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Galway Camogie player Sarah Dervan and Dublin Ladies Footballer Sinead Aherne pictured at the Kellogg's GAA Cul Camps launch at Croke Park.
Galway Camogie player Sarah Dervan and Dublin Ladies Footballer Sinead Aherne pictured at the Kellogg's GAA Cul Camps launch at Croke Park.

Aherne enjoying Dublin journey


By Michael Devlin

Sinéad Aherne has a chuckle about the moniker her Dublin team-mates have for her.

“It started out as ‘Si-nerd’, and it’s just gradually shortened down to ‘nerd’. I’m working as an accountant, so when I was doing professional exams I would have had the books on the bus a couple of times for away matches. I used to arrive with a big rucksack that was bigger than me onto the bus.”

The Dublin ladies captain started her career at KPMG just a week after winning the 2010 All-Ireland Ladies Football title, and is now an associate director of tax in the company. According to Aherne, the responsibilities and pressures of the job are vital to keeping her focus in check for when it comes time to pull on the blue jersey.

Speaking at the launch of the 2019 Kellogg’s GAA Cúl Camps in Croke Park last week, Aherne said: “When I go into work it’s very much your focus there, and you don’t really have time to think so much about it. The challenge of that is that when you go out onto the pitch, it’s equally as an immediate switch in mind-sets.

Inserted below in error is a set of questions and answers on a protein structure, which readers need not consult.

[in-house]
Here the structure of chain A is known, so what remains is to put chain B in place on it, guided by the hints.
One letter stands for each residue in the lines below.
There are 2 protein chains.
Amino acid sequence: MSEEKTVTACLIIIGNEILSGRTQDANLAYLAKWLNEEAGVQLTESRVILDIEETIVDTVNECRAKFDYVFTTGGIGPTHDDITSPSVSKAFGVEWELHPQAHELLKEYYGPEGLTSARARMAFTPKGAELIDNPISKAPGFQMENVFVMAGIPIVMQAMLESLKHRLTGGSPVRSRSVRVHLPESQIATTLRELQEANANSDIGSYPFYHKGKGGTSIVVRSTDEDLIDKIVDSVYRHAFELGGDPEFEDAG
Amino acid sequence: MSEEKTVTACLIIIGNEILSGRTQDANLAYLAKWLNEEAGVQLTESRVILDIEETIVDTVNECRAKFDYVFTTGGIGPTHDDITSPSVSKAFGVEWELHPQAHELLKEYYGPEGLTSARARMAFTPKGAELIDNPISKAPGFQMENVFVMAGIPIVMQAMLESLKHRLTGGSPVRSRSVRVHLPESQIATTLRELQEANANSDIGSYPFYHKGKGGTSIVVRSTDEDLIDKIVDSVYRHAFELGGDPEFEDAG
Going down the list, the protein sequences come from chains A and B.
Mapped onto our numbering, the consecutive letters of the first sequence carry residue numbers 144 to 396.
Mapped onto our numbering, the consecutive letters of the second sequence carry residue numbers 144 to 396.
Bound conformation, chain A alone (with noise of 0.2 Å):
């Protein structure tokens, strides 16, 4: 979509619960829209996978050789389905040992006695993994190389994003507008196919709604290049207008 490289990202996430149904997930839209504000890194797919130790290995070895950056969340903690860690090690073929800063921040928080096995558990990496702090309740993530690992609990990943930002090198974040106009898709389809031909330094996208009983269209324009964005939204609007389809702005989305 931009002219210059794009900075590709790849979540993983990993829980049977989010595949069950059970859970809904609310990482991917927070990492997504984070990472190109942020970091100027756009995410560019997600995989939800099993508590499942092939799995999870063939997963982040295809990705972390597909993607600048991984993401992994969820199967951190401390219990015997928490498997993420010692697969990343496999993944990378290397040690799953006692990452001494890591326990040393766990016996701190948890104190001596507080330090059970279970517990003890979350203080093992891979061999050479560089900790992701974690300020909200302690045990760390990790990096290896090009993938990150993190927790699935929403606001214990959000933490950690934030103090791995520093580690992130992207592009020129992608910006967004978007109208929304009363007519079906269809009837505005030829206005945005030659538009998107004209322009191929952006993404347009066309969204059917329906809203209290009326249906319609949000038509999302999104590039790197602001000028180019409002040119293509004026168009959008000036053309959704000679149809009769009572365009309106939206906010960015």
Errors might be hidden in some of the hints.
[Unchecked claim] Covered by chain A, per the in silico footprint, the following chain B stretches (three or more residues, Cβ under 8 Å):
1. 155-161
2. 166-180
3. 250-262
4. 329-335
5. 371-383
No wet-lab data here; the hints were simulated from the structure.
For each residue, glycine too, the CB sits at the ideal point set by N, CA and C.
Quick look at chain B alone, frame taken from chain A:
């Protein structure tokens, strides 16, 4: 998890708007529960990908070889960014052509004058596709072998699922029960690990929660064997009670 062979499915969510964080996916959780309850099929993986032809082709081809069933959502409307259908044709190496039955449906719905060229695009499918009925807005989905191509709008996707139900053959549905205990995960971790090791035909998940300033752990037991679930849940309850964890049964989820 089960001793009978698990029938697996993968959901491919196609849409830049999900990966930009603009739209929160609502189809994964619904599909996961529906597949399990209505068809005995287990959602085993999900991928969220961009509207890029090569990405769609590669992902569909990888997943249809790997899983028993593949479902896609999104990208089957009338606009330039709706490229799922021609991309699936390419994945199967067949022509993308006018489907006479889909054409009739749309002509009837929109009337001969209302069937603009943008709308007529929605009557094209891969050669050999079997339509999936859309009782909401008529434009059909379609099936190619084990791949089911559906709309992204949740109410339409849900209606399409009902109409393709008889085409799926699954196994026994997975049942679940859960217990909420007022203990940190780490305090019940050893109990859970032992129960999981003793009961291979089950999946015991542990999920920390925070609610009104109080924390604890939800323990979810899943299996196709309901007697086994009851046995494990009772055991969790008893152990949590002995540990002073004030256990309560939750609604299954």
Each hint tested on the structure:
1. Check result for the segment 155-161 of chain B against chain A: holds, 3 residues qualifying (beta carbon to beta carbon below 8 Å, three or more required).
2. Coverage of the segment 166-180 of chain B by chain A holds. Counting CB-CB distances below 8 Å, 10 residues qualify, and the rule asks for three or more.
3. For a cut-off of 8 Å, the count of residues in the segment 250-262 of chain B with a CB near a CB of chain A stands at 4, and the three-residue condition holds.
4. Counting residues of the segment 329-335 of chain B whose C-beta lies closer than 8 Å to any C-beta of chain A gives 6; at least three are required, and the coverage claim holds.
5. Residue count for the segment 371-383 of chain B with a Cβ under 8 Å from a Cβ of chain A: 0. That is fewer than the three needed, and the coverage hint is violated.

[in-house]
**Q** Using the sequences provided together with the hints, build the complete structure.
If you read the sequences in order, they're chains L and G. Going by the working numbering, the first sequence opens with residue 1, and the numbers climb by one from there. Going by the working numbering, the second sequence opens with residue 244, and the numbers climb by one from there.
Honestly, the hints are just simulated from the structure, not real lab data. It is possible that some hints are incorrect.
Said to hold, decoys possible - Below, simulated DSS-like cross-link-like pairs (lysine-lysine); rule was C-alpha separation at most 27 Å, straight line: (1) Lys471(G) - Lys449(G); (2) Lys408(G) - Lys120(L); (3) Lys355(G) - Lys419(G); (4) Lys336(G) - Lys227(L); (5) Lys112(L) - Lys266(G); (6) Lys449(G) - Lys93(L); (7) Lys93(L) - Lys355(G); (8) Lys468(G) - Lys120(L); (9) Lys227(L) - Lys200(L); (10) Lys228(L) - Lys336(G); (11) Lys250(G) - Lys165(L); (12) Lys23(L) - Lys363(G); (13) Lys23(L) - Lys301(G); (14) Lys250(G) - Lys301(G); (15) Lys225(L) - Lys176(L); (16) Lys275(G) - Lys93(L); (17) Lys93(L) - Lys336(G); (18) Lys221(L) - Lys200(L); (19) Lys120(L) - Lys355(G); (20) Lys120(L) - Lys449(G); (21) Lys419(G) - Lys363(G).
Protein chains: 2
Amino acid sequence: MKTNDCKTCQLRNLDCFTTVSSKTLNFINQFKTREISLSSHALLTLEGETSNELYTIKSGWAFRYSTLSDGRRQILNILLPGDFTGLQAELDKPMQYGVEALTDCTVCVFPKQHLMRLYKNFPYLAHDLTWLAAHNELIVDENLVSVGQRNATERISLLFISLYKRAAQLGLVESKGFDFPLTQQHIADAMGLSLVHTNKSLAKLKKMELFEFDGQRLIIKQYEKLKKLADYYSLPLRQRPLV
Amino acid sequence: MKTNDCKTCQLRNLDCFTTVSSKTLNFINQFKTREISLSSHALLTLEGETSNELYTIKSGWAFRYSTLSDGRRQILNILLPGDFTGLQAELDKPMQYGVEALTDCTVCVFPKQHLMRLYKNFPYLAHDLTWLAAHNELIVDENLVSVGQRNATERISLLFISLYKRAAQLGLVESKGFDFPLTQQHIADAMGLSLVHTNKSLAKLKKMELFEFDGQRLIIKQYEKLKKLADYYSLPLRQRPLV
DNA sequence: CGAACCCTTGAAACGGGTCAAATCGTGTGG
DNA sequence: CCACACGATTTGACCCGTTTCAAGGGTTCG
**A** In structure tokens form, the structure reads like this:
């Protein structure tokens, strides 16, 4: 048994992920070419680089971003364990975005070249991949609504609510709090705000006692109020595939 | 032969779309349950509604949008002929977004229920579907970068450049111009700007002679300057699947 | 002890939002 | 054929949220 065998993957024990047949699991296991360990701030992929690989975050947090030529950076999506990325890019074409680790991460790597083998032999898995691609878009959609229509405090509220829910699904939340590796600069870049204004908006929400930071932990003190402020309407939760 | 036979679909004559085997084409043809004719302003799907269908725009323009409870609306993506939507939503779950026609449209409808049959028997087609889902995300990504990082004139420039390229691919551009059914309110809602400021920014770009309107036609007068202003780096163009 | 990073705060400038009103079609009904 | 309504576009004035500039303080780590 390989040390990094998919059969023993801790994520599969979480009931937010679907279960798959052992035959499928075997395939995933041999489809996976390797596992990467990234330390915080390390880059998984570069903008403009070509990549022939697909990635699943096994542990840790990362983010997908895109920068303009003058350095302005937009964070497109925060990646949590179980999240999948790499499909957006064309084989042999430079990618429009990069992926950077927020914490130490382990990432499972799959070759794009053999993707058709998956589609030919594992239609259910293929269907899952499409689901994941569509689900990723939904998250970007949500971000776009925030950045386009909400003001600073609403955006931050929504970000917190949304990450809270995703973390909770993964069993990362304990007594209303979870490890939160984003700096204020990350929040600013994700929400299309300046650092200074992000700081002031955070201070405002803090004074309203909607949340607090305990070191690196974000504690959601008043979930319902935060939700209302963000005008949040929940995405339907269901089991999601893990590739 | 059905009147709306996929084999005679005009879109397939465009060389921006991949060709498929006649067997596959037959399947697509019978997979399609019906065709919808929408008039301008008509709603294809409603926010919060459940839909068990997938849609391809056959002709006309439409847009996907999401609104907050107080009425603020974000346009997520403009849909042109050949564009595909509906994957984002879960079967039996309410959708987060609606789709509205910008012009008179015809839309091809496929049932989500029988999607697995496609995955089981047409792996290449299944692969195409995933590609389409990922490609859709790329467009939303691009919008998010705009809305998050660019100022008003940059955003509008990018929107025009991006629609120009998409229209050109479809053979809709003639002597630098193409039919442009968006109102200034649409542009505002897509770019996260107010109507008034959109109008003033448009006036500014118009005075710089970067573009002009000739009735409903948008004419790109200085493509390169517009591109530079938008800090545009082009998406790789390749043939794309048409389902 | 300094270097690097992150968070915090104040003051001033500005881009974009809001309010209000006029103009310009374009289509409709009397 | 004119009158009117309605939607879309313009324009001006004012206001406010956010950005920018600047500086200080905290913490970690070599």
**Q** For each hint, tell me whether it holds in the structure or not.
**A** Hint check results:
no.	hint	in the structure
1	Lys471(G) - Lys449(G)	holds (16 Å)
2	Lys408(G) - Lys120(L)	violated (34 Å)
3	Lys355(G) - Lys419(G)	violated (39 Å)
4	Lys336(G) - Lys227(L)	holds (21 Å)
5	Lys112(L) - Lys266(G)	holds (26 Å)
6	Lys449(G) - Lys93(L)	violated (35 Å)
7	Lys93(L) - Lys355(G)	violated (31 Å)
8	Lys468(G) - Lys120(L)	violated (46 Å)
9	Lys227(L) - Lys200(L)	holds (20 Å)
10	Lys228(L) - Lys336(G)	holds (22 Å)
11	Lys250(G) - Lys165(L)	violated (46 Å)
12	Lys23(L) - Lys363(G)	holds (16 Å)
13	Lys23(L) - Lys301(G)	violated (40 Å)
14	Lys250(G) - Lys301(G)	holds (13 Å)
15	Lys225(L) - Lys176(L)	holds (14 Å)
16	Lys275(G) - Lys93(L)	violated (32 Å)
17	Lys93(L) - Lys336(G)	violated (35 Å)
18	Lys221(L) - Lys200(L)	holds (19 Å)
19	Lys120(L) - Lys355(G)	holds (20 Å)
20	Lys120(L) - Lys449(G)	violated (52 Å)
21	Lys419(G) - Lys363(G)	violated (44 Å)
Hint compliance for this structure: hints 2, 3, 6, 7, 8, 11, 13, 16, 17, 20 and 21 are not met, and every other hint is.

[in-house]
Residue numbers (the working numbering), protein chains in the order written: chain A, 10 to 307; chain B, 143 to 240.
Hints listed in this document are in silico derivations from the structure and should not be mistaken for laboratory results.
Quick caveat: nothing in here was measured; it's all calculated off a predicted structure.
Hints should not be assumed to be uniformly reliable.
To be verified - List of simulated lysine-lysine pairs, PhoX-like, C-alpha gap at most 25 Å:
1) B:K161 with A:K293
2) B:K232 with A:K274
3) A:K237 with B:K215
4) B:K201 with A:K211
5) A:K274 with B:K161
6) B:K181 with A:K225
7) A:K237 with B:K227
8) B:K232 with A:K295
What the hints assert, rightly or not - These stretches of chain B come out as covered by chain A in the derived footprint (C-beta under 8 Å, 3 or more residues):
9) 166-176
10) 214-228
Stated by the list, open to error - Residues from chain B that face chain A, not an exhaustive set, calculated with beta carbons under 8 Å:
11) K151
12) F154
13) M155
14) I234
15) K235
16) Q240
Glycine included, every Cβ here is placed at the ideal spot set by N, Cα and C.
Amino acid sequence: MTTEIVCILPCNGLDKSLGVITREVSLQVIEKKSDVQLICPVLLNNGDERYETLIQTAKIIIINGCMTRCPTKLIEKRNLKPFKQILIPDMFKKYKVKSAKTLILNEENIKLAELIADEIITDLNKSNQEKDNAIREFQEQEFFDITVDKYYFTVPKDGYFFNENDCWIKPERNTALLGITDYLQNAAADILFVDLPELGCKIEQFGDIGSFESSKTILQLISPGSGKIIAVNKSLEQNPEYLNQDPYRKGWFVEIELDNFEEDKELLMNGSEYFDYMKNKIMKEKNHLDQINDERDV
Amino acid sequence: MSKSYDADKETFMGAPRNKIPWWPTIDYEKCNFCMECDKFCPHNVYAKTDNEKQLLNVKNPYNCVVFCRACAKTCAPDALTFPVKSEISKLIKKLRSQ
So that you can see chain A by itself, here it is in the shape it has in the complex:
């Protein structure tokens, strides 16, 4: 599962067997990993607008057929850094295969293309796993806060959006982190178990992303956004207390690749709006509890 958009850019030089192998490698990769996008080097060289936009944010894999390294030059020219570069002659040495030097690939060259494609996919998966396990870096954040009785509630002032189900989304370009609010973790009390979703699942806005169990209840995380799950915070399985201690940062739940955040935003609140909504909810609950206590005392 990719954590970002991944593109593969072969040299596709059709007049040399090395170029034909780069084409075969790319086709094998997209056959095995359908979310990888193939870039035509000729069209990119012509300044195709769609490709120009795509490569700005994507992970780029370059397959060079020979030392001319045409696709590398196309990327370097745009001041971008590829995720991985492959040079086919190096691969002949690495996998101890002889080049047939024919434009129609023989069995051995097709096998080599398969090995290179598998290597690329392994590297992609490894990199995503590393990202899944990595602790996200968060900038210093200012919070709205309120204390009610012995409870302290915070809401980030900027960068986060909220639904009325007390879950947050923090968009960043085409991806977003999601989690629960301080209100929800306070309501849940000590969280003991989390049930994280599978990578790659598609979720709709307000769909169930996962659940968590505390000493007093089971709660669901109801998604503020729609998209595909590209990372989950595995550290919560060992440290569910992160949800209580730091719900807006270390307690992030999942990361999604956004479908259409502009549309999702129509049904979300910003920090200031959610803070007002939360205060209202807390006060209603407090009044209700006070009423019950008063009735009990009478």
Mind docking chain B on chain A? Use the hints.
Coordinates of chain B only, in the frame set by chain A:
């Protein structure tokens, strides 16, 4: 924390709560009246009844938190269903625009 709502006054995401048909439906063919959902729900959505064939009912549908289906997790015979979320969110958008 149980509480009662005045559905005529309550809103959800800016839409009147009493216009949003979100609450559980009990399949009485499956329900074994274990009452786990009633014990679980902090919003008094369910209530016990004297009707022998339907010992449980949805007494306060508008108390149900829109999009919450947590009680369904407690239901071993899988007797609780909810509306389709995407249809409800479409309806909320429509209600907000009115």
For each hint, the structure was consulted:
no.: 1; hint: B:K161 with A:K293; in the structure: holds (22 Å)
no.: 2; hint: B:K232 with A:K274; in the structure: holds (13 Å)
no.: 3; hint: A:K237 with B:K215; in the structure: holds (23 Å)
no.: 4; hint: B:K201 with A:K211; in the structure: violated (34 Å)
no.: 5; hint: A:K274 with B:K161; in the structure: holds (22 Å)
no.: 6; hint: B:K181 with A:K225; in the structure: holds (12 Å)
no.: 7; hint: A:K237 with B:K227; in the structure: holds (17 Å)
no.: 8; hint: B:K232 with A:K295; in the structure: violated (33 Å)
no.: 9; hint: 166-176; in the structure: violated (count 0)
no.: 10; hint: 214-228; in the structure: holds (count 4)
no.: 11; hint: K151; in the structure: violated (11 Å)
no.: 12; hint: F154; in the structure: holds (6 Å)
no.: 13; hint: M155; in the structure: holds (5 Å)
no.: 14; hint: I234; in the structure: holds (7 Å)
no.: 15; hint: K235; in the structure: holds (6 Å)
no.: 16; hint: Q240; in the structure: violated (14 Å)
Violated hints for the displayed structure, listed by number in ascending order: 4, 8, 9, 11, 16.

“But even in weeks of big games, I wouldn’t be inclined to take a whole lot of time off, because you’re kind of just left to your thoughts when you’re not used to it. It’s probably part of my preparation that I just make sure in my work environment to keep things as steady as possible.

“It doesn’t build up sport to be too much pressure, it’s more just something you do as a release and for enjoyment.”

That focus and drive are very much hallmarks of her role as one of Dublin’s most experienced players, and one of the most acclaimed footballers in Ireland. Aherne’s roll of honour is as decorated as they come. A three-time All-Ireland winner, having captained the Sky Blues to back-to-back titles in 2017 and 2018, she has also accrued 12 Leinster senior crowns and seven All-Stars.

Sinead Aherne lifting the Brendan Martin Cup last September.
Sinead Aherne lifting the Brendan Martin Cup last September.

Last year she scooped the award for TG4 Senior Players’ Player of the Year after a stellar season that yielded a personal haul of 5-31. A third successive year to have been nominated for the prize, Aherne feels privileged to be held in such high regard by her peers.

"I was very humbled to win it. Lyndsey Davey and Ciara O'Sullivan who were in the running as well had great seasons, and Noelle Healy the year before. It's a really nice honour but I think I'm really fortunate to be playing with a team who have been successful and I'm very reliant on what everyone around me is doing in the full-forward line.

“I suppose the nice thing about the Players’ Player of the Year award is that it is from players, and probably the players are very close to the game and experienced across the board. So it was a really nice honour.”